Shary Boyle (Canadian, b. 1972)
Looney Tunes, 2016
Porcelain and terra cotta, 28cm x 20cm x 20cm.
Kitchener-Waterloo Art Gallery Collection.
Purchased with the support of the York Wilson Endowment Award, administered by the Canada Council for the Arts, 2017.
© Shary Boyle. Photo: John Jones.
The Kitchener-Waterloo Art Gallery is honoured to be the recipient of the York Wilson Endowment Award, which funded the acquisition of Looney Tunes, a sculpture by Shary Boyle. This delicate terracotta maiden sporting a cartoonish witch’s features marks KWAG’s first acquisition of a work by this high-profile artist who represented Canada at the 2013 Venice Biennale, and the first sculpture by a woman artist to enter KWAG’s collection in over twenty years.
Awarded annually to a Canadian art museum or public art gallery through a highly competitive process, the York Wilson Endowment is administered by the Canada Council for the Arts and enables the purchase of a painting or sculpture by a living Canadian artist.
Boyle’s work consistently reminds us that making is a political act. Looney Tunes is representative of the qualities that have made Boyle’s so impressive in the last fifteen years: the ability to balance humanity with technical exactitude, a fearless commitment to feminist narratives, and a profound desire to see the social implications inherent in representation.
Looney Tunes is a type of woodland chimera; a seated figure combining the youthful body of a woman possessing the cartoonish face of a witch. This figure conflates the opposing roles occupied by women in most conventional fairy tales– the virtuous maiden and the wrathful crone. The body of the figure, left unglazed as if left unfinished, is a stark contrast to the vividly rendered face of the witch. Boyle’s balance of the demure with the grotesque invites rumination on an underlying fear of women in power.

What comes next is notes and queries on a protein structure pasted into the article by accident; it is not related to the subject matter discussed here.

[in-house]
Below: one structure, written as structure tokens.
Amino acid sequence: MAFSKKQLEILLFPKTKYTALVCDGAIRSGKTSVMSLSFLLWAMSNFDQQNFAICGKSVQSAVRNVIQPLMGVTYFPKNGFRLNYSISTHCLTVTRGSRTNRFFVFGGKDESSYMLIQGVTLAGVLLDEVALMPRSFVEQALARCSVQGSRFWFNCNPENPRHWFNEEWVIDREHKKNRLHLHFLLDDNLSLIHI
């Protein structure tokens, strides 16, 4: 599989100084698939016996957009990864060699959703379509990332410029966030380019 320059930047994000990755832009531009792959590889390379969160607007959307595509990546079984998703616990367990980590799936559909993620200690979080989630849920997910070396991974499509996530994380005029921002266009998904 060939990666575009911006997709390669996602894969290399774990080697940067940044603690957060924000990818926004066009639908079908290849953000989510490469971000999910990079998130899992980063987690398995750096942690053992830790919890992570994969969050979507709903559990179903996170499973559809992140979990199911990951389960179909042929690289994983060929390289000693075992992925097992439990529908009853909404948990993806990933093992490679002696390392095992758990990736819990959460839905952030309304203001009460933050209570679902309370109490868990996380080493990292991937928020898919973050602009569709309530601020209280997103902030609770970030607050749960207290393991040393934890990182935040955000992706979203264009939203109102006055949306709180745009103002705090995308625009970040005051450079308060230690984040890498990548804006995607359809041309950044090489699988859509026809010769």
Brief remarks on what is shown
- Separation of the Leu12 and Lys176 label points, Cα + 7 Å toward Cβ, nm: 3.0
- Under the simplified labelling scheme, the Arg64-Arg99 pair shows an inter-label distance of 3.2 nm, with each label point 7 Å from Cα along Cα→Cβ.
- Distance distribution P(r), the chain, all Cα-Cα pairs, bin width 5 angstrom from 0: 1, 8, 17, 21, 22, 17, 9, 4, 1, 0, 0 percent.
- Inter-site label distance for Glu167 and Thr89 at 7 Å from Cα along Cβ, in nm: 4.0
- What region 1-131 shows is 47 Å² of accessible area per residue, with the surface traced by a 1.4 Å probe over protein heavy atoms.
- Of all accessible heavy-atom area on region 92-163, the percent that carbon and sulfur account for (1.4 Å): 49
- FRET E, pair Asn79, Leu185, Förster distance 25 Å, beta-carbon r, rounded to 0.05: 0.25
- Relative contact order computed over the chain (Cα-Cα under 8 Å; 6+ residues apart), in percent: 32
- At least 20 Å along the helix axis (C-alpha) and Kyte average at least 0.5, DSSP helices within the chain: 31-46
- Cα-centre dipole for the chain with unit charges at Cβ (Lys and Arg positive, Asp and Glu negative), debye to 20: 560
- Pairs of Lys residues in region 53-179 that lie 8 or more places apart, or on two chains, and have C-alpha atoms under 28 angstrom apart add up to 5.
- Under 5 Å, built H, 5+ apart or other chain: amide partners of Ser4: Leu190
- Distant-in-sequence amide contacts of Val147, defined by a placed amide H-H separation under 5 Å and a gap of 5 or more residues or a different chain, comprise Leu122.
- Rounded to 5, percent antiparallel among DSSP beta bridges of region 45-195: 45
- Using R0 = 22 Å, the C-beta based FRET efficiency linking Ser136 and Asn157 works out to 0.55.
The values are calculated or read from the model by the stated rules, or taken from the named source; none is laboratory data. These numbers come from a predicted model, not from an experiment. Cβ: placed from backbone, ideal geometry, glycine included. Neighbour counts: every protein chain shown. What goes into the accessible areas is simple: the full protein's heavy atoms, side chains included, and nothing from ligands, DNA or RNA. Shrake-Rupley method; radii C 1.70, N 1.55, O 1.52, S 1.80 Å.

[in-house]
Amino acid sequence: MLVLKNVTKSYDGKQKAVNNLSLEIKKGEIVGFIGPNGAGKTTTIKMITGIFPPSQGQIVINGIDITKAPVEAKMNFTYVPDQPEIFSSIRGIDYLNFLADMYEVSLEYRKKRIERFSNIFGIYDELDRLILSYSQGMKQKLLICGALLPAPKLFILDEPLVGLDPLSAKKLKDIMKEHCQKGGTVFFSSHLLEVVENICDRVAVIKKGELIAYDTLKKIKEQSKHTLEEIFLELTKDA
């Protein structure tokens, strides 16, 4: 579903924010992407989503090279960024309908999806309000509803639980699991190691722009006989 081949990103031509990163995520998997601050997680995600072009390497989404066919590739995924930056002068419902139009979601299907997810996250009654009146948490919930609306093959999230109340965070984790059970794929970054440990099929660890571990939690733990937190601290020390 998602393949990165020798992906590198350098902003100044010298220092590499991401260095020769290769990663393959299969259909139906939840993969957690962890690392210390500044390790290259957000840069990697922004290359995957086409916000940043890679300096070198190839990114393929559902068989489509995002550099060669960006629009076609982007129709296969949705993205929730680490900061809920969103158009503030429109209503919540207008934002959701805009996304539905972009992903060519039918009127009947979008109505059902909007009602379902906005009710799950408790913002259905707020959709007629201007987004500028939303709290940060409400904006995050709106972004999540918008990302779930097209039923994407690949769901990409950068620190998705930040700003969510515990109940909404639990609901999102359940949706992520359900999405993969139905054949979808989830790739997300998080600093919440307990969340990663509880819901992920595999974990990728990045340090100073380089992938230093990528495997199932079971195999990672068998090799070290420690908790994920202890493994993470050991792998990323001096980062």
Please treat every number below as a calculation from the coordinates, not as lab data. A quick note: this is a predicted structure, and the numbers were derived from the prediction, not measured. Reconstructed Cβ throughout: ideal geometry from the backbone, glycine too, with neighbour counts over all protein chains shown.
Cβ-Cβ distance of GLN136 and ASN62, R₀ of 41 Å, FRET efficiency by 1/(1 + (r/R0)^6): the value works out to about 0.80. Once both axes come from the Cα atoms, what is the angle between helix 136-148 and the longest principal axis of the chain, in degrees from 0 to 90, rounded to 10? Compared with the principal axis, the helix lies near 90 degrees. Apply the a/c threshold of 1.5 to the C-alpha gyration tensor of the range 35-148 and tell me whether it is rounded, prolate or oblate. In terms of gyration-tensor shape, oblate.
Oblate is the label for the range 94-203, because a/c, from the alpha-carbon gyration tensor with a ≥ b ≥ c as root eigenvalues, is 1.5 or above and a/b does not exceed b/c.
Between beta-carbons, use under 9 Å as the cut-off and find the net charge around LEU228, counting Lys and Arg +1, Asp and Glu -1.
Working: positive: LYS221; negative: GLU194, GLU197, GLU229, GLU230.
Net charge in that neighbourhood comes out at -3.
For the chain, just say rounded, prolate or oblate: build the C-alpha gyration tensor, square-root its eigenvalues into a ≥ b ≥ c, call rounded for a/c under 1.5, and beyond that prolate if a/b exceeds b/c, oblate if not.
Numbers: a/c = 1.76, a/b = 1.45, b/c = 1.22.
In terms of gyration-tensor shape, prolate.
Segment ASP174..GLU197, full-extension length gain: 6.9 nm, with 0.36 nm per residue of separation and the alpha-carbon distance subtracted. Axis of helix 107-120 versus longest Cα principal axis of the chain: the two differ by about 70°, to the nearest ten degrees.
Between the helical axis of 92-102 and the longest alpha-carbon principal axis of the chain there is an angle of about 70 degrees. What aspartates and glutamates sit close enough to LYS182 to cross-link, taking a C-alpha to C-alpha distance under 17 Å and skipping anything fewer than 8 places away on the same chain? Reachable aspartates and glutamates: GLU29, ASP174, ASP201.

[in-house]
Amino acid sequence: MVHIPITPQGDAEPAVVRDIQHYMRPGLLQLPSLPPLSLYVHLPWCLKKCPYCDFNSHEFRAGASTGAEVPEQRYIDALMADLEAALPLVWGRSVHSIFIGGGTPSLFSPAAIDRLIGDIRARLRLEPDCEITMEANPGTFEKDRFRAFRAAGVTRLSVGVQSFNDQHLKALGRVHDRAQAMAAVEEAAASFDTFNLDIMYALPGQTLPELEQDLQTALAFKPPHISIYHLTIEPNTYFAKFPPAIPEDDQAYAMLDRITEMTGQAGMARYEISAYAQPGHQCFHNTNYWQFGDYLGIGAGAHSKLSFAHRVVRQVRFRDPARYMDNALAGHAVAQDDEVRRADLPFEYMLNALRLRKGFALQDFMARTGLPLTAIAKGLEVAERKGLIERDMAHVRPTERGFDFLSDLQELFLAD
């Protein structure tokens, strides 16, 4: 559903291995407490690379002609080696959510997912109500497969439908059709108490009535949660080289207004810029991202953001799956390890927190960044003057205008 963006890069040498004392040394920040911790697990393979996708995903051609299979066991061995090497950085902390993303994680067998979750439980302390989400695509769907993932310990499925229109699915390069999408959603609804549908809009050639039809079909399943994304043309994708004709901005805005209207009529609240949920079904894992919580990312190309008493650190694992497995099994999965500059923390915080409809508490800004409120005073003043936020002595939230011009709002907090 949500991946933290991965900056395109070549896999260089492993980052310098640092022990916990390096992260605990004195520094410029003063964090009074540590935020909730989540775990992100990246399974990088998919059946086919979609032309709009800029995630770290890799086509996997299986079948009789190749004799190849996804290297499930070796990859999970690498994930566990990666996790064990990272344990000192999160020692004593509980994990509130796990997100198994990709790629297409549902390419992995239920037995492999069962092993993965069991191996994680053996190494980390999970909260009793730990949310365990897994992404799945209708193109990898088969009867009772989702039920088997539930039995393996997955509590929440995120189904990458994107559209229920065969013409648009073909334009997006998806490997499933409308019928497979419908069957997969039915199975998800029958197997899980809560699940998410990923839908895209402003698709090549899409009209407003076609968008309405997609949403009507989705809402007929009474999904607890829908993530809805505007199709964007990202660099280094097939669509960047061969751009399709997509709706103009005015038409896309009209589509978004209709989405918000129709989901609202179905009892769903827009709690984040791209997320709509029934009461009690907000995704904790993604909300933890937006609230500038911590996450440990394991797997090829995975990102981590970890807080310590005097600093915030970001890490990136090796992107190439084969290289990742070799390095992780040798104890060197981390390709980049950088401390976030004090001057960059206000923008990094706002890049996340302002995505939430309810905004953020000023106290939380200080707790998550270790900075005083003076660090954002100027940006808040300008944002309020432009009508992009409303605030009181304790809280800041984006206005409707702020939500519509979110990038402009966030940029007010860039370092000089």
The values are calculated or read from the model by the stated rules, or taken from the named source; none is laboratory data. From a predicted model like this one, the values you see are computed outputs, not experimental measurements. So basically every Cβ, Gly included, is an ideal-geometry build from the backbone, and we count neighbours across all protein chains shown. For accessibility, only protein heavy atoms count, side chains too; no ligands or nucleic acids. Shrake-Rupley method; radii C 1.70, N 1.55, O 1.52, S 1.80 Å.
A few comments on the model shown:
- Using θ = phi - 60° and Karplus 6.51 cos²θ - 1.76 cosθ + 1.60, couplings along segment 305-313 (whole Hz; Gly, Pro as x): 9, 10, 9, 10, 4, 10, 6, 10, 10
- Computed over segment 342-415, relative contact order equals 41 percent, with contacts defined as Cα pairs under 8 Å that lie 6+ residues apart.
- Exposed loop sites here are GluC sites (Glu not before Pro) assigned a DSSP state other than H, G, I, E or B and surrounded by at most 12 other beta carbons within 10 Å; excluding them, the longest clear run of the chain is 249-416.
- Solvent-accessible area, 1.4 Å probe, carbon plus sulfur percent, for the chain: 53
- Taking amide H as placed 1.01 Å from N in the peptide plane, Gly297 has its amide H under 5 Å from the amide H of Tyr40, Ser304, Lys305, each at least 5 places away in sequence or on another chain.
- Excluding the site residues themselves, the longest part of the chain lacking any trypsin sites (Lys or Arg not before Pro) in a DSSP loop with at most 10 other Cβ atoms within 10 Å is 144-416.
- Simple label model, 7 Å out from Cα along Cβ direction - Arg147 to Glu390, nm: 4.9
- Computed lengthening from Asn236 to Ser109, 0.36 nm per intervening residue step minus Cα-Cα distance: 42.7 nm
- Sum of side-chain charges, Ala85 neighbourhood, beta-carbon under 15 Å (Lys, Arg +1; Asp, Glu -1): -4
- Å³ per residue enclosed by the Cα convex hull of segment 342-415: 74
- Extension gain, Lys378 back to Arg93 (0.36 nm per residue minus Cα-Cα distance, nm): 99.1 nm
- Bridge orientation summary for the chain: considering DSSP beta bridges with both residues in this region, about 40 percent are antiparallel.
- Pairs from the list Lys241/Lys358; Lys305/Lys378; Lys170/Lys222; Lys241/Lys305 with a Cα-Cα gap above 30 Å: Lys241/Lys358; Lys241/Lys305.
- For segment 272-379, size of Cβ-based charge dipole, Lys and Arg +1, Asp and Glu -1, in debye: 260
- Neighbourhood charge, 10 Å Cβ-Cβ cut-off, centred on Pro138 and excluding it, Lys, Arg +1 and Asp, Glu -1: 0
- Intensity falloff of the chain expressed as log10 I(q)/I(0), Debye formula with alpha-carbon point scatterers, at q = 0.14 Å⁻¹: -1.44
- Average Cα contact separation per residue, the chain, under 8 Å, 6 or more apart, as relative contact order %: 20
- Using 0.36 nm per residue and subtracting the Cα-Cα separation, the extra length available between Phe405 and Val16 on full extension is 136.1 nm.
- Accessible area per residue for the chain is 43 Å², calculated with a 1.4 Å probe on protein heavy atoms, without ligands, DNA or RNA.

Herein lies the power of Boyle’s legacy as an artist. Looney Tunes might be seen as a parable of the solitary woman, a trope within fairy tales that often signals a risk or a threat. Boyle, however, asserts that while her subject may be marginalized, rendered invisible or incomplete in the minds of others, her existence is an act of vigilance.
Shary Boyle lives in Toronto and works across diverse media, including sculpture, drawing, installation and performance. Collected and exhibited internationally, Boyle represented Canada with her project Music for Silence at the Venice Biennale in 2013. In 2017 her sculptures were featured at South Korea’s Gyeonggi International Ceramic Biennale, and in the Phaidon, UK publication Vitamin C: Clay and Ceramic in Contemporary Art. Boyle’s first public art commission will be installed Spring 2018 on the front grounds of the Gardiner Ceramic Museum in Toronto.